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There is one method in Lookup<,> that is not in ILookup<,>:

public IEnumerable<TResult> ApplyResultSelector<TResult>(
    Func<TKey, IEnumerable<TElement>, TResult> resultSelector);

Why is the return type of Enumerable.ToLookup<>() declared to be ILookup<,> despite the fact that it always seems to return an instance of Lookup<,>? If the return type were instead declared to be Lookup<,>, the above method could be used without a cast.

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1 Answer 1

up vote 14 down vote accepted

The best practices for designing public APIs dictate that returning an interface is a better idea than returning a concrete class, because you can then return a different concrete class if you need to. The consumer of the API is not supposed to rely on the returned instance being of a specific type.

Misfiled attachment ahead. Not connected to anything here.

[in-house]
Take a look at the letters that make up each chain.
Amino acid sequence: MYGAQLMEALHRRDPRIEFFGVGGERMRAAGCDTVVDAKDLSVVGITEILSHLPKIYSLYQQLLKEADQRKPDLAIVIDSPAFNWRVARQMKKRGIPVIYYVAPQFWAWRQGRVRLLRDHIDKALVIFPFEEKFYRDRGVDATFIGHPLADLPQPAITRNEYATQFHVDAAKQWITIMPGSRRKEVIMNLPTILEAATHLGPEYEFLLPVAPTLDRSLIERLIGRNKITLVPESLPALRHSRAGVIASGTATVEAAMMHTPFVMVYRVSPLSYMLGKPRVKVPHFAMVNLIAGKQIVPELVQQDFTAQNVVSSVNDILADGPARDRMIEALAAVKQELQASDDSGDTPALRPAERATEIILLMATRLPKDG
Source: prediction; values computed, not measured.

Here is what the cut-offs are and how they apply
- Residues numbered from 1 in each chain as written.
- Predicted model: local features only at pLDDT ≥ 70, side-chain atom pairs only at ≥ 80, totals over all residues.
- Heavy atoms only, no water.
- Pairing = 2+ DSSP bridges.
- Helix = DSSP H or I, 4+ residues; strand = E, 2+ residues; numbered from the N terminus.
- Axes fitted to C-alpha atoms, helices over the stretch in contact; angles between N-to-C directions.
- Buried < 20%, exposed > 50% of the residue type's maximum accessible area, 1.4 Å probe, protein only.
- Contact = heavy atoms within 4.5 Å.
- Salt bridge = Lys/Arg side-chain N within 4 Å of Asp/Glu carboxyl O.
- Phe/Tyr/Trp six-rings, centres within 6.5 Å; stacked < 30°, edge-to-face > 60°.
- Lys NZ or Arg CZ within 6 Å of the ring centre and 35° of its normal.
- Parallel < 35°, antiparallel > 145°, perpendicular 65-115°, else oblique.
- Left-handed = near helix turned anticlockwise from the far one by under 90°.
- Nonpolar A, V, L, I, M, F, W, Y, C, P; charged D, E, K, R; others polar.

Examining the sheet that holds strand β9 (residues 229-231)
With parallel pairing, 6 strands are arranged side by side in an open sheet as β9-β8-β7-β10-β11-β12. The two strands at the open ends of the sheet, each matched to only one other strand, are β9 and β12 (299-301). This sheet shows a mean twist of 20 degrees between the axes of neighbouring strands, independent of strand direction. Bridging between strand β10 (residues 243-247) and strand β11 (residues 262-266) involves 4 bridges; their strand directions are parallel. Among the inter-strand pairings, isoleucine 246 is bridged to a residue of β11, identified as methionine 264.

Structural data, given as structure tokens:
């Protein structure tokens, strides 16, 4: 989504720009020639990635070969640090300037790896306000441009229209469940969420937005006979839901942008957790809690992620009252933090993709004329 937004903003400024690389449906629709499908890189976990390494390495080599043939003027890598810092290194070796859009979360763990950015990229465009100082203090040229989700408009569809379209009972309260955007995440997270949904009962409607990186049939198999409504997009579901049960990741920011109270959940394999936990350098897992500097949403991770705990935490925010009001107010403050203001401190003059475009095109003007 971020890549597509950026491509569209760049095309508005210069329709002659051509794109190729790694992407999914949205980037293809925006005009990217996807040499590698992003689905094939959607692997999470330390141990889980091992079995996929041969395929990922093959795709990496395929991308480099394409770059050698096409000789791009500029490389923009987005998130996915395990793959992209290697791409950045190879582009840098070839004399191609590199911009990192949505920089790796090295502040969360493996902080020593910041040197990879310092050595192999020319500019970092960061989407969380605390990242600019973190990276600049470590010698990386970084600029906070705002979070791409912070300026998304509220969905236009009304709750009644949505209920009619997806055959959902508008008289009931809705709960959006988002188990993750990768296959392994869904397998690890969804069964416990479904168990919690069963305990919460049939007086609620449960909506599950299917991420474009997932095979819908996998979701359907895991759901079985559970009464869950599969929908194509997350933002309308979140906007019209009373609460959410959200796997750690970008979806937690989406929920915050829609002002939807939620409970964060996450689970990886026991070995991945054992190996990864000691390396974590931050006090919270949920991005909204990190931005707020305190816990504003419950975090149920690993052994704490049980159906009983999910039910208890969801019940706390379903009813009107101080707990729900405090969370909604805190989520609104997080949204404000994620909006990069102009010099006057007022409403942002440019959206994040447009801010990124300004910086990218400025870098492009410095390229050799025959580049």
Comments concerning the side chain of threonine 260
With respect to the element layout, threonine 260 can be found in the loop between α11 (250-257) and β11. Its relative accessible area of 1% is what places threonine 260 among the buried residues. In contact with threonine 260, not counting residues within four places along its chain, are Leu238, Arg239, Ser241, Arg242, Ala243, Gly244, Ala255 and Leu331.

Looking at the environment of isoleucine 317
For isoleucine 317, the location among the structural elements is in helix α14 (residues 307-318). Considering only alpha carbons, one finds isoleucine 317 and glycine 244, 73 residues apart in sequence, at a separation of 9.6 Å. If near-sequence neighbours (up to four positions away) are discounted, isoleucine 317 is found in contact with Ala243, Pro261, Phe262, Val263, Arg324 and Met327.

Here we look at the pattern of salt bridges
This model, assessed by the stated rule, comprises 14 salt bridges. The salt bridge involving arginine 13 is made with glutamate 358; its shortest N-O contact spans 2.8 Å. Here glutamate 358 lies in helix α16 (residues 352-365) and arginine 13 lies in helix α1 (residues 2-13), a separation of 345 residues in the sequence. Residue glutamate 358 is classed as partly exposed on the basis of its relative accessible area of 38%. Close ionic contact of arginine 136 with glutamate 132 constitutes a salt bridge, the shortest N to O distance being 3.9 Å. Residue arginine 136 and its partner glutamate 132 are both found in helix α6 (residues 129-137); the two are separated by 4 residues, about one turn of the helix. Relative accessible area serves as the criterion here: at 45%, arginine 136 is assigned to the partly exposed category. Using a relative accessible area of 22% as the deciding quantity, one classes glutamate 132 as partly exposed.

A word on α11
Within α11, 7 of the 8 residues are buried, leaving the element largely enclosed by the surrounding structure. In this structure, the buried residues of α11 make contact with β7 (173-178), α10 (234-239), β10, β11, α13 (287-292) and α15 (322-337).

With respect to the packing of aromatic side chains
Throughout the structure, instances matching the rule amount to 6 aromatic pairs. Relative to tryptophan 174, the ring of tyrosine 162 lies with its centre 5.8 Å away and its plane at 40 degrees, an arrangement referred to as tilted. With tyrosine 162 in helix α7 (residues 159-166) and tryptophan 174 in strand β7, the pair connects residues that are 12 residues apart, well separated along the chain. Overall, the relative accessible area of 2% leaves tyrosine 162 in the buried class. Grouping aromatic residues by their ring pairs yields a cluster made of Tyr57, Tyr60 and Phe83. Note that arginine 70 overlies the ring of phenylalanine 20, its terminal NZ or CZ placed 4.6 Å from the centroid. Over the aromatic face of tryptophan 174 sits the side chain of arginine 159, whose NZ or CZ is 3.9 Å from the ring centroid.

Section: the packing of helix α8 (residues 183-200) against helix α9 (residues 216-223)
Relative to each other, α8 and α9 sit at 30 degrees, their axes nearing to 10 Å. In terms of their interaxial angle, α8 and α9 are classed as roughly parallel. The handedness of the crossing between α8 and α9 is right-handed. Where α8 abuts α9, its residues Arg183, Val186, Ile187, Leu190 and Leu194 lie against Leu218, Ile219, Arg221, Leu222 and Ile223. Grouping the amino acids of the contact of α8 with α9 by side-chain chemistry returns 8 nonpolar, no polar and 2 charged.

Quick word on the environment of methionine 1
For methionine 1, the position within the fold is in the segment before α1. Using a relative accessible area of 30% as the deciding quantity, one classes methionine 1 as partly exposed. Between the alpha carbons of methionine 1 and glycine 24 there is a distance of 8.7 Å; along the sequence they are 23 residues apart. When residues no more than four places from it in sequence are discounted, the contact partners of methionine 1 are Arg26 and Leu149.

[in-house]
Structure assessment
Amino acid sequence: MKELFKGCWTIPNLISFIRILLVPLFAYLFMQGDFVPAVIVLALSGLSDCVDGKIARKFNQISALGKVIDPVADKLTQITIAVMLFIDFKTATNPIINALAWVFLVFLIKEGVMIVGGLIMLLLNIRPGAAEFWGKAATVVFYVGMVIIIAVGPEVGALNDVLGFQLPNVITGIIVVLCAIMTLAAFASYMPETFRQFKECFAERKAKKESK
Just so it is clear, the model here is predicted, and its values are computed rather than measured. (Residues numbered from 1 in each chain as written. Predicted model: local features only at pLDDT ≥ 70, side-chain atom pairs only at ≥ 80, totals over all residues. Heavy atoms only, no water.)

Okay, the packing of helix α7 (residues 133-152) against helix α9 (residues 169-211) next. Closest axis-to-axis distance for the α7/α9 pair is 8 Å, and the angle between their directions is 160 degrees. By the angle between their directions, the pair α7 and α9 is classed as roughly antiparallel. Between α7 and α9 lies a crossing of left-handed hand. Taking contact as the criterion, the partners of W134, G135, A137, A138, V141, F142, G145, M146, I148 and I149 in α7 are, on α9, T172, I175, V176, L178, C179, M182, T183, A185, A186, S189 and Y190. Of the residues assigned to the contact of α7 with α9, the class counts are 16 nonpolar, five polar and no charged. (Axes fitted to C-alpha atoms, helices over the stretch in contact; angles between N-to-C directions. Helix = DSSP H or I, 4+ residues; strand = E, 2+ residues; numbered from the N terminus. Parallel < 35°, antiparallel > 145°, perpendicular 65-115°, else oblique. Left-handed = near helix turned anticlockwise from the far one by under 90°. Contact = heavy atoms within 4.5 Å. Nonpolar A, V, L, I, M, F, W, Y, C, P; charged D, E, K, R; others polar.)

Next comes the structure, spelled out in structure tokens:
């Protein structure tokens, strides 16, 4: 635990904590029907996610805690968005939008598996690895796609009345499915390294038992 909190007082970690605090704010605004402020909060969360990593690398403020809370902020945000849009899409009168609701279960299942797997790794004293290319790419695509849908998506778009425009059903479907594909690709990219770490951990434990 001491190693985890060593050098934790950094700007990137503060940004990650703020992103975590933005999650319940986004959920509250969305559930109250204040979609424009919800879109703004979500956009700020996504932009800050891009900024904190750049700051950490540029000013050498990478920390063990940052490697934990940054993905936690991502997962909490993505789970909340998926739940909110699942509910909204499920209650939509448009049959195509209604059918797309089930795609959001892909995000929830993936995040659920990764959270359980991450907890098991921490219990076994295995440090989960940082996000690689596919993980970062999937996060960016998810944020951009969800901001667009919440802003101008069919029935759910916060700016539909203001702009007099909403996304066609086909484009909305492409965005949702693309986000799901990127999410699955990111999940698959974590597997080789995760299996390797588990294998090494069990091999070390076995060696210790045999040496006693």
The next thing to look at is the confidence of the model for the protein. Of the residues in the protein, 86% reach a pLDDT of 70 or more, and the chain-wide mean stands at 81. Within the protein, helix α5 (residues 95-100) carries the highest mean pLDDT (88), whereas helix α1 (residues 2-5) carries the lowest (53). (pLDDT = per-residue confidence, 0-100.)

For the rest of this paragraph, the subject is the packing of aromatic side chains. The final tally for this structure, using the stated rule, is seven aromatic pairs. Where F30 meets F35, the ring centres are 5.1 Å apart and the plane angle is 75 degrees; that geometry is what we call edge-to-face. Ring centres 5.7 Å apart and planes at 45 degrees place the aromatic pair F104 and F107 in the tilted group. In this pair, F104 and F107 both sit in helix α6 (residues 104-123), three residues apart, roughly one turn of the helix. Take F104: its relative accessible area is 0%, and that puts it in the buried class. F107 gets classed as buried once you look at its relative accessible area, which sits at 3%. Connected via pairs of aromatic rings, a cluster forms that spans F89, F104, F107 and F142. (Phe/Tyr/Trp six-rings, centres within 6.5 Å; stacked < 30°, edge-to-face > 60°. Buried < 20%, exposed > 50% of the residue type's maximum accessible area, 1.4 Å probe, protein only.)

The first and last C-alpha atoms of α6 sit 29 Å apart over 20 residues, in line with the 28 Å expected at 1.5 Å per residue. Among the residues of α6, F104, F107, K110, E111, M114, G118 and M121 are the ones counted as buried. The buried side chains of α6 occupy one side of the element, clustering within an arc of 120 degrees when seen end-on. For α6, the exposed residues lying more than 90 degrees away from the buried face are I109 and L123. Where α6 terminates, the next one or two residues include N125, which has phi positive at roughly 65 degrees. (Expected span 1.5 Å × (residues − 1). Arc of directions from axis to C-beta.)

As you point out, ToList and ToDictionary return concrete types rather than interfaces. Perhaps the reason for this is that ToList and ToDictionary were meant to return you a copy that you can modify should you want to. Since the IList and IDictionary interfaces do not guarantee you that they are editable (which was possibly a bad idea), the designers decided to return the concrete type.

Imagine a hypothetical ToIList() method. If called on an array, it could be implemented to return you a copy of the array, because arrays implement IList<T>. You might then be surprised to find out that calling Add() throws.

On the other hand, ILookup is a read-only interface, so the above doesn't apply. Hence there is no reason not to follow the best practice, like there is with ToList.

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Well then surely ToList and ToDictionary are really badly designed. – Timwi Oct 3 '10 at 15:58
@Timwi Addressed that in an edit. – romkyns Oct 3 '10 at 16:16

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